Yuoni Review

We here at the Tavern are always keen for new horror/thriller experiences, so when we get alerted to something coming out there’s always someone on hand to be excited to check it out. Be it the latest big blockbuster Resident Evil, or an unproven indie, we’ll play – and deliver our verdict – on just about everything. And so it goes with Yuoni; a Japanese horror inspired tale of psychological and physical trauma based around myths of dead children and the games they play. Sounds good right? Well, unfortunately the execution leaves something to be desired.

We play as Ai, a shy student among a friend group of far more active and outgoing people. The group learn of the tale of Tsun, a young boy who supposedly died at a local – since abandoned – hospital. It’s said that by entering, dipping a doll in a bucket of water and escaping without being caught will grant those successful a wish. Naturally, those looking to catch us are of the ghostly variety, with the group sceptical that any of the tale is true. After entering and escaping without issue, they brush the experience off as rubbish. But of course, Ai sees things differently.

It’s not long before we greet Tsun in his ghostly realm, and it’s here that the game begins proper. We’re tasked with moving through a creepy school-like building, avoiding ghostly apparitions and demons in order to grab one of the dolls that the group had played with in the beginning. Once in our possession, a multi-eyeballed monster appears to chase us as we retreat back to the starting room in order to burn the doll, thus ending the day.

In a similar vein to titles such as Outlast, we’re completely defenceless, instead having to resort to stealth and hiding to survive. Some of the monsters can see but not hear, and others visa versa. This means we need to stay out of sight at points and at others hold our breath and tip toe past them. While the premise is a good one, in practice this veers very quickly into the tedious kind of horror. The only dread felt when entering  room to see several apparitions is one of tedium, knowing that they’ll likely be easy enough to bypass, but even if we do get caught they are non-threatening enough to only be a nuisance more than a reason to be afraid. The bigger seeing monsters chase us quickly, but even then it’ll take several hits to kill us with them even giving us several seconds to run after each blow. Outside of the mandatory jump scares (a door slamming shut, beds shooting up to the ceiling etc) I found my time with Yuoni to be remarkably scare free. Even the big bad eyeball monster at that chases us is easy enough to avoid, and was more of a pain in the ass than anything.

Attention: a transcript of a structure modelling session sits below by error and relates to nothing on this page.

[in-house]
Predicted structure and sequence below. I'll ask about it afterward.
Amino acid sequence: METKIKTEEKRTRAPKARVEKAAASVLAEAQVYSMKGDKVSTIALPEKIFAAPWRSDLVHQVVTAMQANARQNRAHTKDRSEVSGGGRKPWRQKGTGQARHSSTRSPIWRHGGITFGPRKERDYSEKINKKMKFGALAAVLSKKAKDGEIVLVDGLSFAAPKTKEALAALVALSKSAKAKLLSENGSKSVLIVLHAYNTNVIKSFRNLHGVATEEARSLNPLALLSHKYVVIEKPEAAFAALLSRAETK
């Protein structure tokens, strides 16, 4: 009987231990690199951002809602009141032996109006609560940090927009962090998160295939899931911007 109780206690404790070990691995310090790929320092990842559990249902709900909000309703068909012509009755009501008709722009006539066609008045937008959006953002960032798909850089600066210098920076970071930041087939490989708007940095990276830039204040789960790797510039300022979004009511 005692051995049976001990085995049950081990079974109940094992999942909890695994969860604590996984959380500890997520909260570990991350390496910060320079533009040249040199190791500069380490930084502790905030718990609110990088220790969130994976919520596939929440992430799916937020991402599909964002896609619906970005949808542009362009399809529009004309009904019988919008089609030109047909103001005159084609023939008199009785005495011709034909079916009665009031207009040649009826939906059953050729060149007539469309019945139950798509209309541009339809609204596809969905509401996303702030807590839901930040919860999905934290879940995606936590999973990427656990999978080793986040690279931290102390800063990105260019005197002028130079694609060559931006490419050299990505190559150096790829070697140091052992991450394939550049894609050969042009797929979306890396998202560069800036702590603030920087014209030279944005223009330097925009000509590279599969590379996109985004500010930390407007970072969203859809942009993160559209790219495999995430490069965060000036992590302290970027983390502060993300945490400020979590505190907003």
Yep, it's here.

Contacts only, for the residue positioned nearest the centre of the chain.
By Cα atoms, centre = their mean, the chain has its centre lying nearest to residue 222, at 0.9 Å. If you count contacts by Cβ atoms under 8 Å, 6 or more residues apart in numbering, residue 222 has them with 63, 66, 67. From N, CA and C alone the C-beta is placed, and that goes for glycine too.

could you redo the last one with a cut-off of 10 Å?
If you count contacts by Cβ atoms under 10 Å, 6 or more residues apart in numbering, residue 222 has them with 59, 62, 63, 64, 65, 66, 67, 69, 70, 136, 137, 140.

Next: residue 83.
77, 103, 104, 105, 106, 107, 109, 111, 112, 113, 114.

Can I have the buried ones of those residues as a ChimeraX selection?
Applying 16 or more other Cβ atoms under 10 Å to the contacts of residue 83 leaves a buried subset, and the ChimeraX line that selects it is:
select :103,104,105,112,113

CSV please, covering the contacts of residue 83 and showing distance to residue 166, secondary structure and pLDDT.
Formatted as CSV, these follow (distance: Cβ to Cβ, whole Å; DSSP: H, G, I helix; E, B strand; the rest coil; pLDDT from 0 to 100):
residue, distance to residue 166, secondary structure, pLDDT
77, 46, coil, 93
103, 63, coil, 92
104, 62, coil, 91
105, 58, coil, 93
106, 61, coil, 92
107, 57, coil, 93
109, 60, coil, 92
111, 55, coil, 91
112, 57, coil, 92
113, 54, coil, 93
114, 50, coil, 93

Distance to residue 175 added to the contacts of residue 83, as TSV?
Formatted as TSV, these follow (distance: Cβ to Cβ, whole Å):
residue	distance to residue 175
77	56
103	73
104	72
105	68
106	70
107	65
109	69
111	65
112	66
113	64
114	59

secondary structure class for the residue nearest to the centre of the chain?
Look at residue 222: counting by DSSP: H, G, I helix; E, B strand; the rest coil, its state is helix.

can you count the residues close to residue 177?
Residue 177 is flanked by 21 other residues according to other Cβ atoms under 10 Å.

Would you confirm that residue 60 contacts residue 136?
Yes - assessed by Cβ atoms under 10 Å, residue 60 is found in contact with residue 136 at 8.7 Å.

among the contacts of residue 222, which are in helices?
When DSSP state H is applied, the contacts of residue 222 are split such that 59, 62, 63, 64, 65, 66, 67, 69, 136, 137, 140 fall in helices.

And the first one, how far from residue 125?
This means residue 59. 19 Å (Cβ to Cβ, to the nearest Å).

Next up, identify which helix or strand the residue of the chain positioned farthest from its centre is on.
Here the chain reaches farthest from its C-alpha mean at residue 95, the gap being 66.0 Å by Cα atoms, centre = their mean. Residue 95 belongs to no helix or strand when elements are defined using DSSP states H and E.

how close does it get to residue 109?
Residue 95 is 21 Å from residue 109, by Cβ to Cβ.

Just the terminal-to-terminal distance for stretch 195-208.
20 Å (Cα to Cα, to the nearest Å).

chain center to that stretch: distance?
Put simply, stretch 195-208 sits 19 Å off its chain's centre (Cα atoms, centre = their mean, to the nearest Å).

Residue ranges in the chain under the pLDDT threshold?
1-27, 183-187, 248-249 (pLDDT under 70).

In fact, I became bored of Youni all too quickly. The days all play the same with just ever longer distances to travel to get the doll before legging it back to the start. Generous checkpoints do help here at least so if we do die it’s generally not a massive set back, but with very little in the way of peril I found myself just legging it about to trigger the next checkpoint whether or not I was being chased. A stamina meter that I guess is meant to help raise the tension just feels like a hindrance, while Ai can hold her breath for a long time when hiding. We can gain our breath back quickly by sacrificing stamina, which makes a huge monster-attracting noise, but I found this to be almost redundant in practice.

The hide and seek gameplay just didn’t hold my attention at all here. It was too stilted, too easy to bypass enemies, and lacked any sense of tension or danger at all times. Even when Tsun appears at points – with the game warning us he can see and hear very well – I only ever got caught by him when I couldn’t be bothered to hide knowing it really didn’t matter. Even he gave us too many chances to escape that meant it was more of a nuisance than a threat for him to grab us.

It is at least somewhat decent in the visual department. The still images in the cutscenes are really good, with some genuinely creepy imagery again inspired by Japanese horror. In game is all red-hued, misty visuals with a good amount of detail and creepy vibes. The apparitions designs are OK, either flickering translucent shadows or towering red-blistered covered things, though again they don’t exactly inspire fear as much as apathy. Audio design is much more or a let-down – the main culprit being a 2 second sound bite of the most annoying bird on repeat for pretty much the entire level… that’ll end up being the most mentally scarring part of Yuoni.

Conclusion

With the raft of great horror titles out there already, there’s very little to recommend checking out Yuoni over most of them. The slow paced hide and seek gameplay lacks tension, risk, or any real consequence, and while the visuals can prove quite creepy at times, for the most part this is all too forgettable.

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This game was tested and reviewed on Xbox Series X/S. All of the opinions and insights here are subject to that version. Game provided by publisher.
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Good
  • Visuals can be quite creepy at times
  • Generous checkpoints
Bad
  • Slow, uninteresting gameplay
  • Lack of any real frights or danger
  • That damn bird noise is burned into my brain
4
Poor
Gameplay - 4
Graphics - 6
Audio - 3
Longevity - 3
Written by
I've been gaming since Spy vs Spy on the Master System, growing up as a Sega kid before realising the joy of multi-platform gaming. These days I can mostly be found on smaller indie titles, the occasional big RPG and doing poorly at Rainbow Six: Siege. Gamertag: Enaksan

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